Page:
My journey as a long distance runner who started the sport later in life.
Today was the day to pick up race kits for the Tarahumara 21K. Tomorrow’s race will be a game day decision for me. If I feel up to it, I will go and race, if I don’t, I won’t. I will also quit during the race if I feel I need to do so. As of tomorrow, four weeks will have officially passed since the break and three-hour operation to repair three phalanges on my right hand. Since the breaks were all dislocated, compound fractures that were close to my proximal knuckle joint, my hand is still very much a sore piece of useless flesh. Last night’s physiotherapy session nearly blew my mind the pain was so intense. The doctor has assigned me the meaner physiotherapist and she was overly thorough.
I am nonplussed that tomorrow’s 21K route has become a double out and back, which will have us running a cross-shaped course twice over. The fastest runners, most notably the Tarahumarans, will be lapping me as I struggle with a 7 min/km pace (I hope, as the flyer makes no mention of a cut off time). At least a double out and back guarantees I will be seeing some of the fastest long distance runners on the planet. However, it also means my strategy of sticking to the back of the pack to avoid being bumped and jostled is moot. There will be people flinging by me with the greatest of ease at all times, and so the odds of my ridiculously painful and injured hand getting hit or bumped are that much greater.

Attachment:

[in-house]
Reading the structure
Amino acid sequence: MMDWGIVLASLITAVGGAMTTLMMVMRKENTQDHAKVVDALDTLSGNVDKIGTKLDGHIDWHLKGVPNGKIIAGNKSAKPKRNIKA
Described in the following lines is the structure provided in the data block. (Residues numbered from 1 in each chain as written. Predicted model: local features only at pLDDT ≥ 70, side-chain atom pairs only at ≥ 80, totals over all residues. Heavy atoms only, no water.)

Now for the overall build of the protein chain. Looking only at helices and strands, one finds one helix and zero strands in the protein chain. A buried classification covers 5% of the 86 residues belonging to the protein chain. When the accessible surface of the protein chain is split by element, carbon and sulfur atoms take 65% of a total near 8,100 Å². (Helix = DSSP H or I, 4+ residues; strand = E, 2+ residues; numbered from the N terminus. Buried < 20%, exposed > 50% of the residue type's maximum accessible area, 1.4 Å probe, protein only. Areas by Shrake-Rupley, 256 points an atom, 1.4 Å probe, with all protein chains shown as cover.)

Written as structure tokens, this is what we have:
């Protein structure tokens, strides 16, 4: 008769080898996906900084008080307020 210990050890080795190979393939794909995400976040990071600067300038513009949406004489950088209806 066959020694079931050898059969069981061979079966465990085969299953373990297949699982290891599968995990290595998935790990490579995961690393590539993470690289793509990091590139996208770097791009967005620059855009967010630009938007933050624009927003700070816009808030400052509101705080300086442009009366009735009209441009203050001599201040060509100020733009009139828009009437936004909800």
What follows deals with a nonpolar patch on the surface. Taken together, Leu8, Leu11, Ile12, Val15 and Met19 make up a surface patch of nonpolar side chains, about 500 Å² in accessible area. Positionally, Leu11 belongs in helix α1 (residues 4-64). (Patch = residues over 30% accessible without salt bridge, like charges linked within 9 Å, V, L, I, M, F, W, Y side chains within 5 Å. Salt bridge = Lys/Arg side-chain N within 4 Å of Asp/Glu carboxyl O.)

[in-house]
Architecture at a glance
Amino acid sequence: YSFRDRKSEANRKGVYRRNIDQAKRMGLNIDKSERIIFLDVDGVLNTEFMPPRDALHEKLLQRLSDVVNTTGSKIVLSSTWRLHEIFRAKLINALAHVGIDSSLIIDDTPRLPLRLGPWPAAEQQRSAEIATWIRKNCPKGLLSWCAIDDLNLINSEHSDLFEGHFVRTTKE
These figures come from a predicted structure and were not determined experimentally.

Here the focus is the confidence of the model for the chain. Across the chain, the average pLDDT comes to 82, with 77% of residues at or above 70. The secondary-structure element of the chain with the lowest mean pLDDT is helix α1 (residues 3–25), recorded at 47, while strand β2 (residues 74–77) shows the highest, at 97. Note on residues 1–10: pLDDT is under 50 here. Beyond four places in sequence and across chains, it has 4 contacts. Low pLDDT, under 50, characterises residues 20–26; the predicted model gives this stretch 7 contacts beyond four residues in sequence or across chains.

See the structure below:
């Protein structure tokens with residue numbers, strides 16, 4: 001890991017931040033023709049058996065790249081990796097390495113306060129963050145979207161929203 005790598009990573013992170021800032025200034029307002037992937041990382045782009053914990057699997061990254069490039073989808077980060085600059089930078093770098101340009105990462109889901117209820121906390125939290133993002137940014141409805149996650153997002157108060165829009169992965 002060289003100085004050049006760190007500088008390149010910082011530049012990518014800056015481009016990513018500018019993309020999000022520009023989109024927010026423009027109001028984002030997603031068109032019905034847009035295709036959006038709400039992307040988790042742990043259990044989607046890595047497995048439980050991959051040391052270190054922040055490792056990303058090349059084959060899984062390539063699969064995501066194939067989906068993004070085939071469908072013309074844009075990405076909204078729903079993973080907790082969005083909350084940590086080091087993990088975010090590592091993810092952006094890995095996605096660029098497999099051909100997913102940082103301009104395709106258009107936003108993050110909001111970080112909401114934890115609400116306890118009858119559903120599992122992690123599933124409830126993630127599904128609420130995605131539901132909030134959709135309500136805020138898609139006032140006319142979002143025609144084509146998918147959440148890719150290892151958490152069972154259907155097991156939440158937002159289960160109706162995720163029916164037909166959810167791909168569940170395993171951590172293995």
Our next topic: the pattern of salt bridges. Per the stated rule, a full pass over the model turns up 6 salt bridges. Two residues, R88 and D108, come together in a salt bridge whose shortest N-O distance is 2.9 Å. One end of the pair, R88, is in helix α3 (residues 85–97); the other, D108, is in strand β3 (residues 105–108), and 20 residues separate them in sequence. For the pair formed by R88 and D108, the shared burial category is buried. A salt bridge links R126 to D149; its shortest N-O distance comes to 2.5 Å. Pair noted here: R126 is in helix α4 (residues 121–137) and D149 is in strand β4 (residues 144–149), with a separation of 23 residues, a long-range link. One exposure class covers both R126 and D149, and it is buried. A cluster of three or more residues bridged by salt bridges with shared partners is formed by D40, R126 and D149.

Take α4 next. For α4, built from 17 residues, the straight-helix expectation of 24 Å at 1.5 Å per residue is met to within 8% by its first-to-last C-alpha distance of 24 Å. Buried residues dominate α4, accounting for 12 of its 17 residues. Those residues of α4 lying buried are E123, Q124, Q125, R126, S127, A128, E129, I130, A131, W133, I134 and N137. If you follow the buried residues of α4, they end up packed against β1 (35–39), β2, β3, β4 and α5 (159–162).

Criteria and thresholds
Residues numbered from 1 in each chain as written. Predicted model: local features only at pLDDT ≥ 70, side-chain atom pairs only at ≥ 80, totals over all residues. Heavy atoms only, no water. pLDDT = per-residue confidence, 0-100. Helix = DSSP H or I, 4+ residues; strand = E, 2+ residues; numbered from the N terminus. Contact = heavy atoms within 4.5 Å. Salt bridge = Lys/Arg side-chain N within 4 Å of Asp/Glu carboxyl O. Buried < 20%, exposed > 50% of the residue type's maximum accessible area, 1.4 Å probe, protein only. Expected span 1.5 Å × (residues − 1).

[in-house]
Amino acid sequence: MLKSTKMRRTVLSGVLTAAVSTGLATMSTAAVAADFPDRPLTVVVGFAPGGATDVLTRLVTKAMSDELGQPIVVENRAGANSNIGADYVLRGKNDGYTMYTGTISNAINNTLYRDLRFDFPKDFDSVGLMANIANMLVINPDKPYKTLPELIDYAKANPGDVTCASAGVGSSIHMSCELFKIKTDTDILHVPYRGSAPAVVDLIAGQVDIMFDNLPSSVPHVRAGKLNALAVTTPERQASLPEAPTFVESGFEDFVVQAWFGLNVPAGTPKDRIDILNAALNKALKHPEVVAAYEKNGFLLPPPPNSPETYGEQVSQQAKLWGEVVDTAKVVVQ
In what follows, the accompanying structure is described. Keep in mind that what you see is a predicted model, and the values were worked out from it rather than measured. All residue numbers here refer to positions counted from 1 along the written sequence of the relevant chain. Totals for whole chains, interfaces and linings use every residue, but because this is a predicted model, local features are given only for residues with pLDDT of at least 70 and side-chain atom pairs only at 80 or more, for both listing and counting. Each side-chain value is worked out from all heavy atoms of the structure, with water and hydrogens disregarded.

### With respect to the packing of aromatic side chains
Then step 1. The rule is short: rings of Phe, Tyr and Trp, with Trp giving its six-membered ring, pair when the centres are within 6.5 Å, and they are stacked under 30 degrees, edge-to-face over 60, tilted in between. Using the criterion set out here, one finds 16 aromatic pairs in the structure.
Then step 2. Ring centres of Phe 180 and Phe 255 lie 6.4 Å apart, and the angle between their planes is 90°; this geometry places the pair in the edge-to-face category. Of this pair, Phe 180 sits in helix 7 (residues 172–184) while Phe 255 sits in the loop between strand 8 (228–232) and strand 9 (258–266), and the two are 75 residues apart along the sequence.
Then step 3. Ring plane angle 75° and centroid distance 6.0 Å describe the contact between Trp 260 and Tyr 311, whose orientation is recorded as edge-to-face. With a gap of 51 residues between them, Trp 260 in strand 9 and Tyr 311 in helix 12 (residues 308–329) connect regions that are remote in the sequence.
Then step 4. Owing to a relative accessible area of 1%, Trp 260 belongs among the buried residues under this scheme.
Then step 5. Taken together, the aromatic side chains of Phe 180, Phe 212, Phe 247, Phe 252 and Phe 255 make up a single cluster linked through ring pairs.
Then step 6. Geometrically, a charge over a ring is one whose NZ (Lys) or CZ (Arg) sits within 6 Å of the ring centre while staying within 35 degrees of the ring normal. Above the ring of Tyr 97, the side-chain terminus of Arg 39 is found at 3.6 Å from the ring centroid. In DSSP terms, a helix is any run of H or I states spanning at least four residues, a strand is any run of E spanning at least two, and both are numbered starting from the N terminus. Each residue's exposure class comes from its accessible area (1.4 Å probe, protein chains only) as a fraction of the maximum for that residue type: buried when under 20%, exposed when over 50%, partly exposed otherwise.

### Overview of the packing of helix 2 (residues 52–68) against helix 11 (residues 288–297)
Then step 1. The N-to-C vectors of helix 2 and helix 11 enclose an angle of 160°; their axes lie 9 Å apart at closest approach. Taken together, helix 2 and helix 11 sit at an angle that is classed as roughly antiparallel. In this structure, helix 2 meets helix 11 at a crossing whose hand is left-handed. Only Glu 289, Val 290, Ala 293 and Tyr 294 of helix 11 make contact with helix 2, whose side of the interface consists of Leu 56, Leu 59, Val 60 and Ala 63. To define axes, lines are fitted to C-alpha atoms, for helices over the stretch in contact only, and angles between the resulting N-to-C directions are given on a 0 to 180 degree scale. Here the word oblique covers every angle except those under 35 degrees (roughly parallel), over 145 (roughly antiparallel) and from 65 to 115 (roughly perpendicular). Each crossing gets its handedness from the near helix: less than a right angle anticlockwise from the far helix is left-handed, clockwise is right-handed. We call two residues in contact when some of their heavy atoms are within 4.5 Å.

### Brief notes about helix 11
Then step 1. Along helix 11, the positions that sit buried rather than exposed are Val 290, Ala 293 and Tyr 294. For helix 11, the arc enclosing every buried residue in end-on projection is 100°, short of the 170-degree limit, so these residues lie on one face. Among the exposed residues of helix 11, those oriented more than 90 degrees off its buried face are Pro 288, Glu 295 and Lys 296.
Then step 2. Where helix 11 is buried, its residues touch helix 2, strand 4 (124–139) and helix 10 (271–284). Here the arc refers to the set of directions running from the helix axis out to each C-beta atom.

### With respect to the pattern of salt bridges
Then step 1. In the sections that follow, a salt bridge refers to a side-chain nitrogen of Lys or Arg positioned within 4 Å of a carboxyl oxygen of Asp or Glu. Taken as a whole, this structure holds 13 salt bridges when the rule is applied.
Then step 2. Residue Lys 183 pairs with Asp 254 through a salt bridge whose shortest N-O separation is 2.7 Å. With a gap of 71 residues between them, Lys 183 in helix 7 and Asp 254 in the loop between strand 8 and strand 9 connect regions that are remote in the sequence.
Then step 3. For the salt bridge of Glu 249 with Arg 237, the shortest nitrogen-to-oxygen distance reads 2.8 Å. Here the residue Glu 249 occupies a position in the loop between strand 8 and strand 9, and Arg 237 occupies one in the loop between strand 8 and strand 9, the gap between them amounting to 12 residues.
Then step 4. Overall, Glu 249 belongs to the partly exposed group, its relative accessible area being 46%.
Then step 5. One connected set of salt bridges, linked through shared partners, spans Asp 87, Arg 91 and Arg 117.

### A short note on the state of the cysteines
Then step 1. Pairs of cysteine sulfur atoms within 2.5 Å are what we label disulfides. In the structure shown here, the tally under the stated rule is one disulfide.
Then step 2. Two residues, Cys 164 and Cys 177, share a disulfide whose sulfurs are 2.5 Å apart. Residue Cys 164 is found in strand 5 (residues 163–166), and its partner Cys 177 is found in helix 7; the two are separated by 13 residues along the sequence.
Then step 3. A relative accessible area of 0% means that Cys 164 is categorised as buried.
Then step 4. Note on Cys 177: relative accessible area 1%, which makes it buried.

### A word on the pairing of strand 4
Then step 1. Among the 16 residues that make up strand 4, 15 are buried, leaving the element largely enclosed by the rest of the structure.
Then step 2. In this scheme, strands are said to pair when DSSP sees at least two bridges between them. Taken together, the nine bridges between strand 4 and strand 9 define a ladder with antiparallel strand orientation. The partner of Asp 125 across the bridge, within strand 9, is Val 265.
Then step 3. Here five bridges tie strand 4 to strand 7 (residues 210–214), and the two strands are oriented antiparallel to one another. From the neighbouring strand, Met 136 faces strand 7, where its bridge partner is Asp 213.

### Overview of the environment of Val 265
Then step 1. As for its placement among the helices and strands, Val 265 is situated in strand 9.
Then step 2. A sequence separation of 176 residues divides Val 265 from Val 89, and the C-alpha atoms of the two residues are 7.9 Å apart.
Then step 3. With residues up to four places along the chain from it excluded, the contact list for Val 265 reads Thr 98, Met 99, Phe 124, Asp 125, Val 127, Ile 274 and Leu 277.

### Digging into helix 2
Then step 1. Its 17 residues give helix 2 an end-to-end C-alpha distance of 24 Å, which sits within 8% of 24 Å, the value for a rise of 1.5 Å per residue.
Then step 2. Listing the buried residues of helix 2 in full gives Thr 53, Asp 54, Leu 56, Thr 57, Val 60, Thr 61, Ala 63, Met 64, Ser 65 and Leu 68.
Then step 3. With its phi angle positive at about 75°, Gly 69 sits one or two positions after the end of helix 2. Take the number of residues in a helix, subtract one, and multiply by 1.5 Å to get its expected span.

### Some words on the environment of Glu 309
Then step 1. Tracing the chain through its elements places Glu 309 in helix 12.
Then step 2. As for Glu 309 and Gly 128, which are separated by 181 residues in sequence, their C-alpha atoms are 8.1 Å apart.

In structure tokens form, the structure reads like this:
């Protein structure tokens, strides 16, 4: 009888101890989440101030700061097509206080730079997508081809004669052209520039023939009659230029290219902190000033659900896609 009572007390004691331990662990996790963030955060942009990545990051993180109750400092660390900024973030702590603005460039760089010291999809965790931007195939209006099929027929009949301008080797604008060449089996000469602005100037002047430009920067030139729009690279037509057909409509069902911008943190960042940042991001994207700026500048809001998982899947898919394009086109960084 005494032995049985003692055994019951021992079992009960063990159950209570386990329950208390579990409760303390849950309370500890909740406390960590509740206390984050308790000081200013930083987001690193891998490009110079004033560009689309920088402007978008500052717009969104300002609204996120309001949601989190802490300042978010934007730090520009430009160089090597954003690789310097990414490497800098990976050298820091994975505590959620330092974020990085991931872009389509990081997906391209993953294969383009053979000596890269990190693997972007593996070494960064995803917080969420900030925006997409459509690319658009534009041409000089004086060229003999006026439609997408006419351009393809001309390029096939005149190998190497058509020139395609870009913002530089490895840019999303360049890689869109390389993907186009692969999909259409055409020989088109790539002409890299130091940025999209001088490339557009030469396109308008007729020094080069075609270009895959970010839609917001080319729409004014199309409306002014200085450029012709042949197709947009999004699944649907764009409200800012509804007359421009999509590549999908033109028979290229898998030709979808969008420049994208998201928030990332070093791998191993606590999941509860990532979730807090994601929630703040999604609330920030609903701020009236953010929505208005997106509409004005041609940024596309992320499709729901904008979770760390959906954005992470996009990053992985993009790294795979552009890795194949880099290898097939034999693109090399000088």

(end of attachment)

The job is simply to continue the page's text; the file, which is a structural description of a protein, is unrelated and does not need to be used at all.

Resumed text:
I still wonder if I am nuts for even considering this race, but my legs feel good, and I trained for eight weeks for this goal race before one moment of imbalance sent me on a crash course with the pavement. Living in a country where I don’t speak the language fluently has me in a state of isolation where I can’t trade injury stories with others at a run club of sorts. I find myself dearly missing my old Barrie Running Room club and those excellent Barrie Roadrunners. I sure could use some reassurances from fellow injured runners at a time like this. Anecdotes of the recovery of people with similar past injuries are especially soothing.